Log-in
Search
1238
 

Confused about memory card classification?

Posted on July 29, 2016 by Sean MacDonald

Memory card classification is confusing for most people, especially when there are multiple categories and classifications. This can be a little overwhelming even for people in the industry like camera store employees. In comes ProMaster...

To help educate camera store employees, the great people over at ProMaster have put together this little helpful guide to share with sales staff. They send out a weekly newsletter that is full of helpful stuff, and I got special permission to share this as I thought it was great information not just for sales staff, but also customers alike. Take a look at it if you are a little confused on memory cards. Enjoy!

 

What do UHS-1 and UHS-2 Mean
and How Does it Apply to Rugged and Velocity Memory?
The markings on memory cards can be confusing for customers, especially since the
introduction of UHS-2 cards to the market. Here is a quick primer of what these markings mean.


A. The “number inside the ‘U’ marking is the UHS Speed Class. A UHS Speed Class 1 indicates a 10 MB/s minimum write speed, and a UHS Speed Class 3 indicates a 30MB/s minimum write speed. (It is worth noting UHS-I, UHS-II and speed class ratings are used on SD and microSD only. And UDMA only relates to CF.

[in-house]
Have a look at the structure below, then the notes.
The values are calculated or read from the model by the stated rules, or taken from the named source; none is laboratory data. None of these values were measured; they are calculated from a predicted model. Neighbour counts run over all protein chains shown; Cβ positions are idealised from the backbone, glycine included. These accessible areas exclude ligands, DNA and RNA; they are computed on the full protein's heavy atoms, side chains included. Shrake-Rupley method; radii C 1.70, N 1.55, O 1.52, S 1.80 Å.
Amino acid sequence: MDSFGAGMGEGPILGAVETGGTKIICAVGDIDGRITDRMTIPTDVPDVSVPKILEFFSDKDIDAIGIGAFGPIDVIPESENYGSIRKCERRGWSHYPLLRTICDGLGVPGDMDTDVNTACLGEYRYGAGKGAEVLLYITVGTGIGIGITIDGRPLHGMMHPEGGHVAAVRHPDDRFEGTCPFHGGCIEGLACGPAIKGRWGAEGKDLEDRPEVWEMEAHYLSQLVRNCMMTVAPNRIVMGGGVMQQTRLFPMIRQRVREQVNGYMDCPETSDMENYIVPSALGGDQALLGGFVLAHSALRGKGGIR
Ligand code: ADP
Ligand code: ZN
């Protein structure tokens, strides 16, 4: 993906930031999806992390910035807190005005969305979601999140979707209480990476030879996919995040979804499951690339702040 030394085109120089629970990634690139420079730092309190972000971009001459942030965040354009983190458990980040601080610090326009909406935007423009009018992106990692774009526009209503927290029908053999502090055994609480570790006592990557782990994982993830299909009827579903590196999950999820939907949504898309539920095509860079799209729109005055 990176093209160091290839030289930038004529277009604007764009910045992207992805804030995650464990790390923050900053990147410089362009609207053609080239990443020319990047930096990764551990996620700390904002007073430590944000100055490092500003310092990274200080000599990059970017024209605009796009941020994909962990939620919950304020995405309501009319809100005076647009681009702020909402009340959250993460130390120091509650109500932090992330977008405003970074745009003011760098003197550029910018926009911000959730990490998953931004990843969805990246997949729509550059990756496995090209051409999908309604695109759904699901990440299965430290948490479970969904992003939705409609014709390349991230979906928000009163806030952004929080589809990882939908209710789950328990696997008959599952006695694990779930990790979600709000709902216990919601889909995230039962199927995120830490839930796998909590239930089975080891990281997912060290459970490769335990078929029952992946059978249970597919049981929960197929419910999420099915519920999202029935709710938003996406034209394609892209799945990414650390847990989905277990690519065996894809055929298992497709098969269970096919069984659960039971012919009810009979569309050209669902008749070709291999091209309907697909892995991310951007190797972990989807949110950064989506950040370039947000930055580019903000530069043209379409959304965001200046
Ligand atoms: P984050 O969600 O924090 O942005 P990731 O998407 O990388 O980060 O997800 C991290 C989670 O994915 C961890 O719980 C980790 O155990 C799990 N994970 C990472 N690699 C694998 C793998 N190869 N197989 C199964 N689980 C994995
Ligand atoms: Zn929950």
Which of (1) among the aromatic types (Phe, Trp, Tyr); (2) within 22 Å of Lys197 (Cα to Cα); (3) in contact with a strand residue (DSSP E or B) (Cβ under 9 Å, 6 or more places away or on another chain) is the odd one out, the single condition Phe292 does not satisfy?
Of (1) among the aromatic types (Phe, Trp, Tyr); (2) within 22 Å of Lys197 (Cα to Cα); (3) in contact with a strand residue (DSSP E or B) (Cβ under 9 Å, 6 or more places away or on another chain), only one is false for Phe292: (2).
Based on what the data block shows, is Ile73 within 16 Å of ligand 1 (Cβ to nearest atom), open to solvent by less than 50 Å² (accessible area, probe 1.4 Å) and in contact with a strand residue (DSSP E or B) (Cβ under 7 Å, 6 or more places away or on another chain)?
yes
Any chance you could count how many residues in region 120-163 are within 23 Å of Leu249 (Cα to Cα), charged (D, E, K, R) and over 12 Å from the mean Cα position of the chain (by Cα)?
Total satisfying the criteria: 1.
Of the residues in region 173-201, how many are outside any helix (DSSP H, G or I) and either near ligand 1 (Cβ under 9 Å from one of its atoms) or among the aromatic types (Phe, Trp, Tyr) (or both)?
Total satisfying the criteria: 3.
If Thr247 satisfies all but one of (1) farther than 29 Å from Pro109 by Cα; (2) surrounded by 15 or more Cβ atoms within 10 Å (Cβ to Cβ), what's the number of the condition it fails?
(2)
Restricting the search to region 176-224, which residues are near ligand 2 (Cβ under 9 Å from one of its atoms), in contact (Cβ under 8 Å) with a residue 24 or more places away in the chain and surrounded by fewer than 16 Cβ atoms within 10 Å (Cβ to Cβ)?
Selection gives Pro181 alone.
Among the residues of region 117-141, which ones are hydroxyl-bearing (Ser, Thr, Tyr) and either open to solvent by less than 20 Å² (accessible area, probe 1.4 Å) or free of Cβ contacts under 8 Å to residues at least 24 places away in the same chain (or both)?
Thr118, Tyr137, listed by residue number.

B. The “Roman numeral” – either a I or a II, is the UHS Rating. UHS-I cards support up to a 104MB/s read speed, and a UHS-II support up to a 312 MB/s read speed. Your customer will need a UHS-II compatible device to take full advantage of the speed, but they are backwards compatible and will work in any device, regardless of the rating. The Nikon D500, Fuji X-T1, Fuji X-PRO 2, Olympus E-M5 II, and Olympus Pen-F are all UHS-II compatible …

So how does this apply to ProMaster Rugged and Velocity?
ProMaster Rugged cards are UHS-I (shown with Roman numeral I) speed class three.

Rugged SD cards: 
  • Read speed 99MB/s (660X),
  • Write speed 80MB/s,
  • UHS-I speed class 3

Rugged micro SD cards:

  • Read speed 99MB/s (660X)
  • Write speed 60MB/s
  • U3 UHS-1 speed class 3. U3

Rugged Compact Flash cards:

  • Read speed 160MB/s (1060X)
  • Write speed 80MB/s
  • UDMA 7

ProMaster Velocity cards are faster, so they carry the UHS-2 (shown with Roman numeral II) speed class three designation. UHS -2 has a second set of contacts.

Velocity’s write speed is 25% faster than AWXC and Rugged cards at a blistering 100MB/s! They download files at an incredible 285MB/s! That is 1900x transfer speed.

A note about ‘X’ speeds and actual speed - ‘X’ speeds are always derived from the read speed of a card, not the write speed. So be careful of cards with high ‘X’ ratings that seem too cheap. They may read fast, which is great for big downloads to the computer; but they may not perform well in-camera if the write speed is low.

Make sure you have Rugged cards if you want extra insurance against impact and the elements … and make sure you have Velocity cards if you need blazing speed.

If you have any further questions or need a new memory card, feel free to stop in!

Continue reading →